"In a gripping story that spans four generations of women in her family, Elizabeth Wilcox details the enduring effects of early traumatic events they experienced. This book makes it clear how a greater emphasis on prevention and treatment of early trauma in children can make the difference between a life of depression and dysfunction and a more hopeful outcome."
I picked up The Long Tail of Trauma on a Saturday morning and did not put it down until I read the last page on Sunday night. At that point, I felt I actually knew the people in the story, so intimate and honest was the author's portrayal of them and their struggles. It is difficult to categorize this book, for while it is a memoir, it is also a scientific study of inherited trauma. It proves that, if you are a daughter, you cannot outrun your mother's pain (or her mother's and all the way down the maternal line), anymore than you can outrun your own shadow. You are her and she is you. It is fascinating, really. Wilcox's book prompts us to look at our mothers, our grandmothers and our daughters with new eyes. In listening closely to our mother's stories, we can understand things about ourselves, our behaviors and our fears, that never made sense before. Not only is the The Long Tail of Trauma, interesting in terms of psychology, the prose is gorgeous as well. With great skill, Wilcox transports us back in time and vividly depicts how harrowing life was for mothers and children during the two world wars. I felt I was there. I highly recommend this book.
"This is a gorgeous and heart-wrenching story of mothers, daughters and the reverberations of trauma through generations. At the same time, it is an illuminating history of a family experience of World War and its aftermath."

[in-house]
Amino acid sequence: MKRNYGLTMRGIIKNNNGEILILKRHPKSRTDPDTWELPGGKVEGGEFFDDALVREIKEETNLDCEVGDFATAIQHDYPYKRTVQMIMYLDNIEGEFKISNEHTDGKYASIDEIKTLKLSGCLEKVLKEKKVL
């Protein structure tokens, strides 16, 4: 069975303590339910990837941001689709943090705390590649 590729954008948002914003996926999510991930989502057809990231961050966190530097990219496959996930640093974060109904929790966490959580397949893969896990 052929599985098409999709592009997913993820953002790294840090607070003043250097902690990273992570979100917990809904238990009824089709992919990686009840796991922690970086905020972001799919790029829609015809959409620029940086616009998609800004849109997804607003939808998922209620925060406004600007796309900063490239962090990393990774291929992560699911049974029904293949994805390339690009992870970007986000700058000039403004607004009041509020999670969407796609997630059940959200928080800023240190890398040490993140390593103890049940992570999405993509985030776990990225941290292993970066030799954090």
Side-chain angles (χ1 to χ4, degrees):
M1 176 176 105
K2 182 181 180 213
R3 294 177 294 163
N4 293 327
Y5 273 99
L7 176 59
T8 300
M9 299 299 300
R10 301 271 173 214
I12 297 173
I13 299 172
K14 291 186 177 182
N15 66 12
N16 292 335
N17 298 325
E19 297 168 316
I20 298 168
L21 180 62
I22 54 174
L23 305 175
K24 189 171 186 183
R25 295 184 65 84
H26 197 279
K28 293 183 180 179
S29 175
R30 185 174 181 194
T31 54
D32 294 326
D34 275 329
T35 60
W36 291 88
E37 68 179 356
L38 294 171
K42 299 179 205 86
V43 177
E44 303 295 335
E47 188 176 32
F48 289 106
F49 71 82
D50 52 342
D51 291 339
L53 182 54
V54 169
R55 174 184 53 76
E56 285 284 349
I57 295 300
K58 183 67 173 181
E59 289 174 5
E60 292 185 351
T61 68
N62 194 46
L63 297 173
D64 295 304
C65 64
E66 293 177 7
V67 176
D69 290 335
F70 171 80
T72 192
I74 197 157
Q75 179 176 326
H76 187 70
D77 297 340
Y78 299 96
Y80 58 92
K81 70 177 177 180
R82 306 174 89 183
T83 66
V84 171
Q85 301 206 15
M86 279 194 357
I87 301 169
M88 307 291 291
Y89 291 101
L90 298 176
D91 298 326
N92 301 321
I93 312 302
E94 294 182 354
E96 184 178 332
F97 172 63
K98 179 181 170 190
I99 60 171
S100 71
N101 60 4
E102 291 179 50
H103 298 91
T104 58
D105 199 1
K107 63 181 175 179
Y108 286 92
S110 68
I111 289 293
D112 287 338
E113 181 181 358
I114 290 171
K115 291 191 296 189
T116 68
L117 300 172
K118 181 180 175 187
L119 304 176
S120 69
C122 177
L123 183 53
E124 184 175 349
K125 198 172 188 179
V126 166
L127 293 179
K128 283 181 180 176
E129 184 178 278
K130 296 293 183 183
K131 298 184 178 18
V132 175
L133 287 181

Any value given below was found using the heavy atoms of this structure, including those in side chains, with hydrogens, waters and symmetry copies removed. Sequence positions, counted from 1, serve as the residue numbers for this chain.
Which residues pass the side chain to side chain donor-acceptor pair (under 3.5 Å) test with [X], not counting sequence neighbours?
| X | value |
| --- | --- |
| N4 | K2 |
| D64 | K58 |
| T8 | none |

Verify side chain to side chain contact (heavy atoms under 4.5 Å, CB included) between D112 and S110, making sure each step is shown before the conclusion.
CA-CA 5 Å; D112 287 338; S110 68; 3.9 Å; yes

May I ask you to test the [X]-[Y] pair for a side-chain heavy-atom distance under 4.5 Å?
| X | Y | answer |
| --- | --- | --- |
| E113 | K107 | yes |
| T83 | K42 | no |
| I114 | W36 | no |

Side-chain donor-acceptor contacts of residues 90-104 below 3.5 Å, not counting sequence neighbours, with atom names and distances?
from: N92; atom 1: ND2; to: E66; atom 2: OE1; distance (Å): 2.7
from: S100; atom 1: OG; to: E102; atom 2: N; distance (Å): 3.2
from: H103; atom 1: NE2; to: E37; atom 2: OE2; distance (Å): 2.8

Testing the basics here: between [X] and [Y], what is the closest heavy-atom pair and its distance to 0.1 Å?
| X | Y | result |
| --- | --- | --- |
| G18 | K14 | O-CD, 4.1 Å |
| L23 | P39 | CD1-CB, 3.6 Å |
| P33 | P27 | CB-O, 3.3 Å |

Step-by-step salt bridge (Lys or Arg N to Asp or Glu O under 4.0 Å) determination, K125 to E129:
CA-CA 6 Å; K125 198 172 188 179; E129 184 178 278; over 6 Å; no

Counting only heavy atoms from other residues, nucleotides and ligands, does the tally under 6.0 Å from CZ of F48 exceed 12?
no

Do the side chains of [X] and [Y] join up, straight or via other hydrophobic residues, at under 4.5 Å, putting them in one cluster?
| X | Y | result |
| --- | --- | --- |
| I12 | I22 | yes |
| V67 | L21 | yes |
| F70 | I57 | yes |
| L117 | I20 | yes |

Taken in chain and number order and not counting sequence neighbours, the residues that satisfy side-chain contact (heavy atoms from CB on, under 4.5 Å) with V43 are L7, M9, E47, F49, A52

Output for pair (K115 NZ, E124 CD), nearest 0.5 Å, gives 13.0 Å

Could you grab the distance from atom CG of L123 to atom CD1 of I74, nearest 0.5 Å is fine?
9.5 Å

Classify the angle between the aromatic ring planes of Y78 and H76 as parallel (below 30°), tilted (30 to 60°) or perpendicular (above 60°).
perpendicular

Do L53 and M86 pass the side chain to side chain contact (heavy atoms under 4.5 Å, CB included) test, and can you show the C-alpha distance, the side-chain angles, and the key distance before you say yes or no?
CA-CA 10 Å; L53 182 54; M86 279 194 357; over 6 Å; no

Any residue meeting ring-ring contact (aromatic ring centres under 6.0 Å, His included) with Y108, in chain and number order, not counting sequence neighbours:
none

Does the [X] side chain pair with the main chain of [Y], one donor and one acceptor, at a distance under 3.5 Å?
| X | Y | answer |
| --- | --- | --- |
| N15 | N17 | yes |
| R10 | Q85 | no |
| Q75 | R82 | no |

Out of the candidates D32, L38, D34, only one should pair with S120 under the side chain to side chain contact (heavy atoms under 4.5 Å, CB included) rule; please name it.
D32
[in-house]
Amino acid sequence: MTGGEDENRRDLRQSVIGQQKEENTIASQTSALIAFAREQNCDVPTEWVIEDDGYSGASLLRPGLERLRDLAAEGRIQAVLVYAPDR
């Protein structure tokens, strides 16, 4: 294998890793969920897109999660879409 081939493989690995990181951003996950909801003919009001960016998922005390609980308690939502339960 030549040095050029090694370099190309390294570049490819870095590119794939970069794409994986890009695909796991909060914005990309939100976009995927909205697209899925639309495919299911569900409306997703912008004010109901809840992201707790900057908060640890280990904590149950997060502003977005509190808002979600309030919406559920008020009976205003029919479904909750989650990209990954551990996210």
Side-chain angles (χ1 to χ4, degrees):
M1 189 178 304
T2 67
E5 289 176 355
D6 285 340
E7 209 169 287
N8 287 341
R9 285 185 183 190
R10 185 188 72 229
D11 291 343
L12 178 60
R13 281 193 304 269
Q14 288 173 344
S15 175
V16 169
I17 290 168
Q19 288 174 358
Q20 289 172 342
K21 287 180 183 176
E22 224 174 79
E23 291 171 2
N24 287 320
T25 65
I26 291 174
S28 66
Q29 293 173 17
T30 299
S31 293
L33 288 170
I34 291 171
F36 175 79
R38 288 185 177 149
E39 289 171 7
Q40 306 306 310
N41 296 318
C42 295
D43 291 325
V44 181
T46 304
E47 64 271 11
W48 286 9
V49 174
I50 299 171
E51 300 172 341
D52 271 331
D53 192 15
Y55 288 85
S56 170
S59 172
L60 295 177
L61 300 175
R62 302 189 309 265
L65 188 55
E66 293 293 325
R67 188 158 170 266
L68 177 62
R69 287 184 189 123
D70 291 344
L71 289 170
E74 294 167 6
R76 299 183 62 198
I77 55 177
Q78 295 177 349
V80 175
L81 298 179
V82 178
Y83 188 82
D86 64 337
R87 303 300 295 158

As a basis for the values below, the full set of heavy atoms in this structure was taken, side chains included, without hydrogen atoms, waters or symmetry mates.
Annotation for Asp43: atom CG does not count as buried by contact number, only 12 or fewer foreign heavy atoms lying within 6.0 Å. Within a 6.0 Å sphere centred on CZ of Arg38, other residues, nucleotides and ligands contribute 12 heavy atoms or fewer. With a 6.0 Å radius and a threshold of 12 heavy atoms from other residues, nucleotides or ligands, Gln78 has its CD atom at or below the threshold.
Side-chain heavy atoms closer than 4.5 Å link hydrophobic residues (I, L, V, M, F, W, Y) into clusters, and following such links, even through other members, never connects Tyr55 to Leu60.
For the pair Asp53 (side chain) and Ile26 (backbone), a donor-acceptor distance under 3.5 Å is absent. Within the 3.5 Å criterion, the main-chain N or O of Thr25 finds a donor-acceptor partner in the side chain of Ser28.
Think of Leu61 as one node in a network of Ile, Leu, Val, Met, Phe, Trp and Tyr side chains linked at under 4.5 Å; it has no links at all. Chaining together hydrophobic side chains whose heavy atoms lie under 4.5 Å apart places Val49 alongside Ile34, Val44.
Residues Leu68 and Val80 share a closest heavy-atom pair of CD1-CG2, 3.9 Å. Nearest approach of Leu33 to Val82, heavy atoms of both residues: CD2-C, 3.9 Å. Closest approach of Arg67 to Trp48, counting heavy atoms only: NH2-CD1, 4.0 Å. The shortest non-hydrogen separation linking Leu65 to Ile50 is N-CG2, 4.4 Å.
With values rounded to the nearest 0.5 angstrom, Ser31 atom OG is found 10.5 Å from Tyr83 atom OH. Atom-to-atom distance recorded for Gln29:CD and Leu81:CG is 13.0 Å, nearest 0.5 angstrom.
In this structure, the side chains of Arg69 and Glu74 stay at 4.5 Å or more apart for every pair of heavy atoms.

"We all have generational stories, but often we have not connected the hereditary emotional effects. Nurture or nature? This book brings difficult questions to the fore that we should be asking of our own families and lives."
"A poignant memoir scaffolded by direct references to the growing body of research into the long term impacts of ‘toxic stress’ and Adverse Childhood Experiences (ACE). Wilcox beautifully weaves together the lives and voices of three generations of strong, complex mothers and daughters, and in the process takes the reader on her own journey into the power of empathy, science and personal storytelling to shift the patterns of inherited trauma. "
It gives a new perspective to better understand the dynamics between mothers and daughters that may prove to be helpful to others in their own familial relationships."
"I love your book. It has made me realize how much I love my mum but find it so hard to express it."
"I just finished your memoir. It is so beautifully written. So poignant. It touched me deeply."
"The story you tell could, of course, only have impact. Good for you for creating something new and valuable."
"An important investigation of trauma made all the more powerful by Wilcox's powerful narrative."
"It takes a skillful writer to tell an engaging story that is one part historical drama, one part psychological analysis, while also an intensely personal memoir."